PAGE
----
There are many steep climbs and descents, with dramatic views of La Sal Mountains, Abyss Canyon, and the Colorado River. Want to ride but don’t own an ATV? There are adventure tour companies where you can rent a side-by-side ATV or 4-wheel drive truck and head out on your own or sign on to a guided trail ride of non-stop outdoor adventure.
Quick Tip: When you see a trail of dark, rubber residue on the rocks, consider taking that line, especially if you are a novice rider. It may not be the only route, but it could be the safest.
It’s official name is Imperial Sand Dunes Recreation Area. But everyone calls this open riding area of golden sand by the name of the local community: Glamis.
Located in the southeast corner of California and managed by the Bureau of Land Management (BLM), Glamis is the largest mass of sand dunes in the state. While you won’t find fall foliage here, in late fall, Glamis is a sight to see, for the variety of ATVs, side-by-sides and sand rails riding and racing each other, and the beauty of the dunes that reach heights of 300 feet above the desert floor. A note of trivia: these sand dunes were featured in the movies Star Wars and The Scorpion King.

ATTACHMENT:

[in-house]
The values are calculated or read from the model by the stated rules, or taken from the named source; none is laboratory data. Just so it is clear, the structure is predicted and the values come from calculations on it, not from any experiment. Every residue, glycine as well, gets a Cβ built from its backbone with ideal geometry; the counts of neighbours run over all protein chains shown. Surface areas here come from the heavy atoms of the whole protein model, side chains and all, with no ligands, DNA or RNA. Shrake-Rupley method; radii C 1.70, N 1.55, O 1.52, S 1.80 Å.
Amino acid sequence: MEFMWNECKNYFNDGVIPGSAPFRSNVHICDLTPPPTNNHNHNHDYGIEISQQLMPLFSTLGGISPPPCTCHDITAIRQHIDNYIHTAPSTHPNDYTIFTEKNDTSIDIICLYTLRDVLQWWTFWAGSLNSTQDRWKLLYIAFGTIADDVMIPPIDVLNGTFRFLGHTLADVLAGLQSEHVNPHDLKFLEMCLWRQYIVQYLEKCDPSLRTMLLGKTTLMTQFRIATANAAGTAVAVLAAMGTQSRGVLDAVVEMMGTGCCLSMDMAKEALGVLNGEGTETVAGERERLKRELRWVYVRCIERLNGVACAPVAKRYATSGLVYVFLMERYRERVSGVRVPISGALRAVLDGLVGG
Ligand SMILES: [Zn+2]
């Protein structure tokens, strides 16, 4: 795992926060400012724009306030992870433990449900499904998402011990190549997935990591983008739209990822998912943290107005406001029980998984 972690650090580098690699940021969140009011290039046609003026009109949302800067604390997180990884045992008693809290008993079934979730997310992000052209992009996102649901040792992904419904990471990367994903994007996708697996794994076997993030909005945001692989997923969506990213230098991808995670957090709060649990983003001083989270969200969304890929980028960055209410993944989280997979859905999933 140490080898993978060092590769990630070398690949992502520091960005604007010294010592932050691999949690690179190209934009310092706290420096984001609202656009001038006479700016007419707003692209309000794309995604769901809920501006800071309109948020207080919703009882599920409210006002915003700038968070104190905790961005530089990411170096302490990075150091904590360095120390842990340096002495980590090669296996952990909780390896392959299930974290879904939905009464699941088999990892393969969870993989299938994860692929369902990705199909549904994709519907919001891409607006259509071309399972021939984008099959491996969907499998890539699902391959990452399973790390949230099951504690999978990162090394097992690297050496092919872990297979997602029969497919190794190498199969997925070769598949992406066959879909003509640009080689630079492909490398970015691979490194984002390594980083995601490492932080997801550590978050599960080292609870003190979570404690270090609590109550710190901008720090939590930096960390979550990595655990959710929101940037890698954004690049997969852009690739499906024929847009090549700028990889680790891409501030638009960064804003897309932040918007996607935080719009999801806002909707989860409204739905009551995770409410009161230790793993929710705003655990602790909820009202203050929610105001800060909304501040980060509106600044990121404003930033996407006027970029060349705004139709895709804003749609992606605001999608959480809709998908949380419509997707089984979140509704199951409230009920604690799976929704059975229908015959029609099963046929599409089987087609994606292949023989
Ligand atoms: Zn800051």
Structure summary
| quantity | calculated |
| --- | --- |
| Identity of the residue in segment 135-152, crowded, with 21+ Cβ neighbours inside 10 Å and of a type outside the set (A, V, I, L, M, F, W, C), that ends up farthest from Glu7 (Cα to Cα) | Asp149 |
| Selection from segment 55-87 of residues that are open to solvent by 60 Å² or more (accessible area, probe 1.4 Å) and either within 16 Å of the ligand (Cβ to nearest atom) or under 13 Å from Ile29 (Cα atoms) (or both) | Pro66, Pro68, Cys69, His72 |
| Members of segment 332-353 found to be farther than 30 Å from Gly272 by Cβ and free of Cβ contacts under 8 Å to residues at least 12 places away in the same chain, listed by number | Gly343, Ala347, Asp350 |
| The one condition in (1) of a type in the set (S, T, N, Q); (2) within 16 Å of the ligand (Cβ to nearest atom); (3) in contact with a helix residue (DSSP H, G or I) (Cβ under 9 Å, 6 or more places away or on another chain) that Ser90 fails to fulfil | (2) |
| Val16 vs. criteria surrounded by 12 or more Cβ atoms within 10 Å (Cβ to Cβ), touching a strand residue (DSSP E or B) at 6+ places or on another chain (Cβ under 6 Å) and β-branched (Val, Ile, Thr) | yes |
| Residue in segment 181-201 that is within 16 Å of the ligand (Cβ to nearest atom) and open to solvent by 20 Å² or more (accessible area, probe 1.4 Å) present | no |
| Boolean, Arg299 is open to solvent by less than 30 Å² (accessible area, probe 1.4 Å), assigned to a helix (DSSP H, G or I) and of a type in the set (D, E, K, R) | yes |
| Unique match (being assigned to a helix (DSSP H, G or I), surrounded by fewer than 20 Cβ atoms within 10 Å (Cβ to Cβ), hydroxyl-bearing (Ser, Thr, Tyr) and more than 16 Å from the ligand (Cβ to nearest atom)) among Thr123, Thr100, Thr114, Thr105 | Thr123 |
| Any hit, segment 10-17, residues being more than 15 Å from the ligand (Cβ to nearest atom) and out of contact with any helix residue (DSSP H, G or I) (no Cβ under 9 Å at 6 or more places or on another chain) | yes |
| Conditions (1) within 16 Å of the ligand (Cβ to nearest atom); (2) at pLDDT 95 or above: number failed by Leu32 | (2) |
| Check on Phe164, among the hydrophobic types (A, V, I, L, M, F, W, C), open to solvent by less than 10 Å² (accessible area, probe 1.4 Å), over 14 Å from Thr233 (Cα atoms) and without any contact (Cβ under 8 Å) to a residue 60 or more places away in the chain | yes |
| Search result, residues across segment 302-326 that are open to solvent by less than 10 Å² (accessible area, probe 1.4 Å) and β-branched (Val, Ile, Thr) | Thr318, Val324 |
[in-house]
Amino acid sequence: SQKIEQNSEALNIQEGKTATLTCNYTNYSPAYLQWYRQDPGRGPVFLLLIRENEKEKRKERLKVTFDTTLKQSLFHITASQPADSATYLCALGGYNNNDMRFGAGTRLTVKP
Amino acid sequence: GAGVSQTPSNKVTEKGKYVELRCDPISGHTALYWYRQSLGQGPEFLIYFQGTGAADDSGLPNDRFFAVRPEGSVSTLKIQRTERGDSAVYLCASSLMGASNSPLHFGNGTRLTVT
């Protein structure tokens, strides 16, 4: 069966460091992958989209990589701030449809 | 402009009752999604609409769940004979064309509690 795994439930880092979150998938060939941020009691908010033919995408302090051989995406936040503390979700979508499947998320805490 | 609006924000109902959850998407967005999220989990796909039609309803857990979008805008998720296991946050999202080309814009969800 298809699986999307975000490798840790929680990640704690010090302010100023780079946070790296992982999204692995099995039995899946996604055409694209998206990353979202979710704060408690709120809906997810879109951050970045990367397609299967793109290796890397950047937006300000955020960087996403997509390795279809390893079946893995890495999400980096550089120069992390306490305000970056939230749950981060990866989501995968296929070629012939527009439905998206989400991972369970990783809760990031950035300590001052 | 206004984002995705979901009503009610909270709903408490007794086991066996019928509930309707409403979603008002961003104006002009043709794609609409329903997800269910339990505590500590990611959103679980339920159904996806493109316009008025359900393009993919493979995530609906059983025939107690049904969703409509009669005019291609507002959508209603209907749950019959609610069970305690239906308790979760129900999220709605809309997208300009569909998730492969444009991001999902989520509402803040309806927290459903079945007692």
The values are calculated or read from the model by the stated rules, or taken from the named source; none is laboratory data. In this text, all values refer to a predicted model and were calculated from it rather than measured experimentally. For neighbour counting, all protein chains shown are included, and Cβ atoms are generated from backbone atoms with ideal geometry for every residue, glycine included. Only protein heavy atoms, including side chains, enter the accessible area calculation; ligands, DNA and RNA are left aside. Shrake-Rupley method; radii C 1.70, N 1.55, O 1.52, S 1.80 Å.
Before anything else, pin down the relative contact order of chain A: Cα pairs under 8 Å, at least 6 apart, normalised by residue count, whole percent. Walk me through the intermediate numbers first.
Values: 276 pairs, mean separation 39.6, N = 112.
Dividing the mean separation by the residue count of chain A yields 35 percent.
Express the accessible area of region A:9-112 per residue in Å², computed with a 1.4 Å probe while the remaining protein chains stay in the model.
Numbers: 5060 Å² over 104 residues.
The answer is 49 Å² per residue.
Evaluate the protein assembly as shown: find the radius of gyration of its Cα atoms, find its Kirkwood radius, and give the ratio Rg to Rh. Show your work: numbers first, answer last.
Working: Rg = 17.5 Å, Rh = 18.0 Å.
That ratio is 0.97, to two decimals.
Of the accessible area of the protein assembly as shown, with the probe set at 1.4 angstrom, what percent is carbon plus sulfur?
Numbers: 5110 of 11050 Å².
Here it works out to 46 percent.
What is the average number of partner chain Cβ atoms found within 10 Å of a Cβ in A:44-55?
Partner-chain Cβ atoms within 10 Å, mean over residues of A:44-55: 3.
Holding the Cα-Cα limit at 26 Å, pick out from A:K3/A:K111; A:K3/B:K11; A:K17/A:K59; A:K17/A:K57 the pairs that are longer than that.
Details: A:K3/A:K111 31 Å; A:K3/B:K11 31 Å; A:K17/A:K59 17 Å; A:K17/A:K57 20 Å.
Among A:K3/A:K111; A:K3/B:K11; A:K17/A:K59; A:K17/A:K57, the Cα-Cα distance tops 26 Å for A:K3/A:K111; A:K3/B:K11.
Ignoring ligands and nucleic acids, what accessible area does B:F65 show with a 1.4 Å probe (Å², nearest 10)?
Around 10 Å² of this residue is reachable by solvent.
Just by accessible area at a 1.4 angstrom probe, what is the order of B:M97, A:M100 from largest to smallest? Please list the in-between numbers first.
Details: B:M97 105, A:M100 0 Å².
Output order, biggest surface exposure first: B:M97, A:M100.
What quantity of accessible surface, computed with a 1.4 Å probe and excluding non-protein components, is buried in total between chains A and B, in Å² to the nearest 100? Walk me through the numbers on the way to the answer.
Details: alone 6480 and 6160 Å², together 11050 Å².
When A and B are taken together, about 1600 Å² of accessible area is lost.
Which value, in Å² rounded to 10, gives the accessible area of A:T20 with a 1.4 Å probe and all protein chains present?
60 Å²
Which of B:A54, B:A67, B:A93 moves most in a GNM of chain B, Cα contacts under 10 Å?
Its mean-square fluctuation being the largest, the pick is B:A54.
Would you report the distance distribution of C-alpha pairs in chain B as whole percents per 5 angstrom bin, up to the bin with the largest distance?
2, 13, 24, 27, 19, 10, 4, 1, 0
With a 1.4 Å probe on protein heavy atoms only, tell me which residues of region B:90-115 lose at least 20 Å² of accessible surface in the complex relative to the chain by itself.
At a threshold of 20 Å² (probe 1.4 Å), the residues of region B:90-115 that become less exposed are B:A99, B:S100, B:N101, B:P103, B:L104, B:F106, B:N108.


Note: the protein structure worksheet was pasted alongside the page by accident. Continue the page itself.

The Glamis dunes stretch for 40 miles, with most of the riding activity in the area south of Highway 78. You’ll need to know the rules and regulations before riding there. Two “must-haves” are a riding permit and a tall safety flag, so other riders can see you coming over the top of a dune. Fall is a great time to get out to Glamis and enjoy a roller coaster ride on the sand.
Quick Tip: Dunes are constantly changing. Use stationary landmarks or a GPS to help you navigate. And always ride with caution, watching for ravines, depressions and steep drop-offs formed by blowing sand.
About The Author: David Halsey has been riding snowmobiles for 50 years and writing about sleds and ATVs for 35 years. He is president of the 400-member Woodtick Wheelers ATV/OHM Club in northern Minnesota, and writes articles for the MN OffRoad magazine and the newsletter of the ATV Association of Minnesota (ATVAM).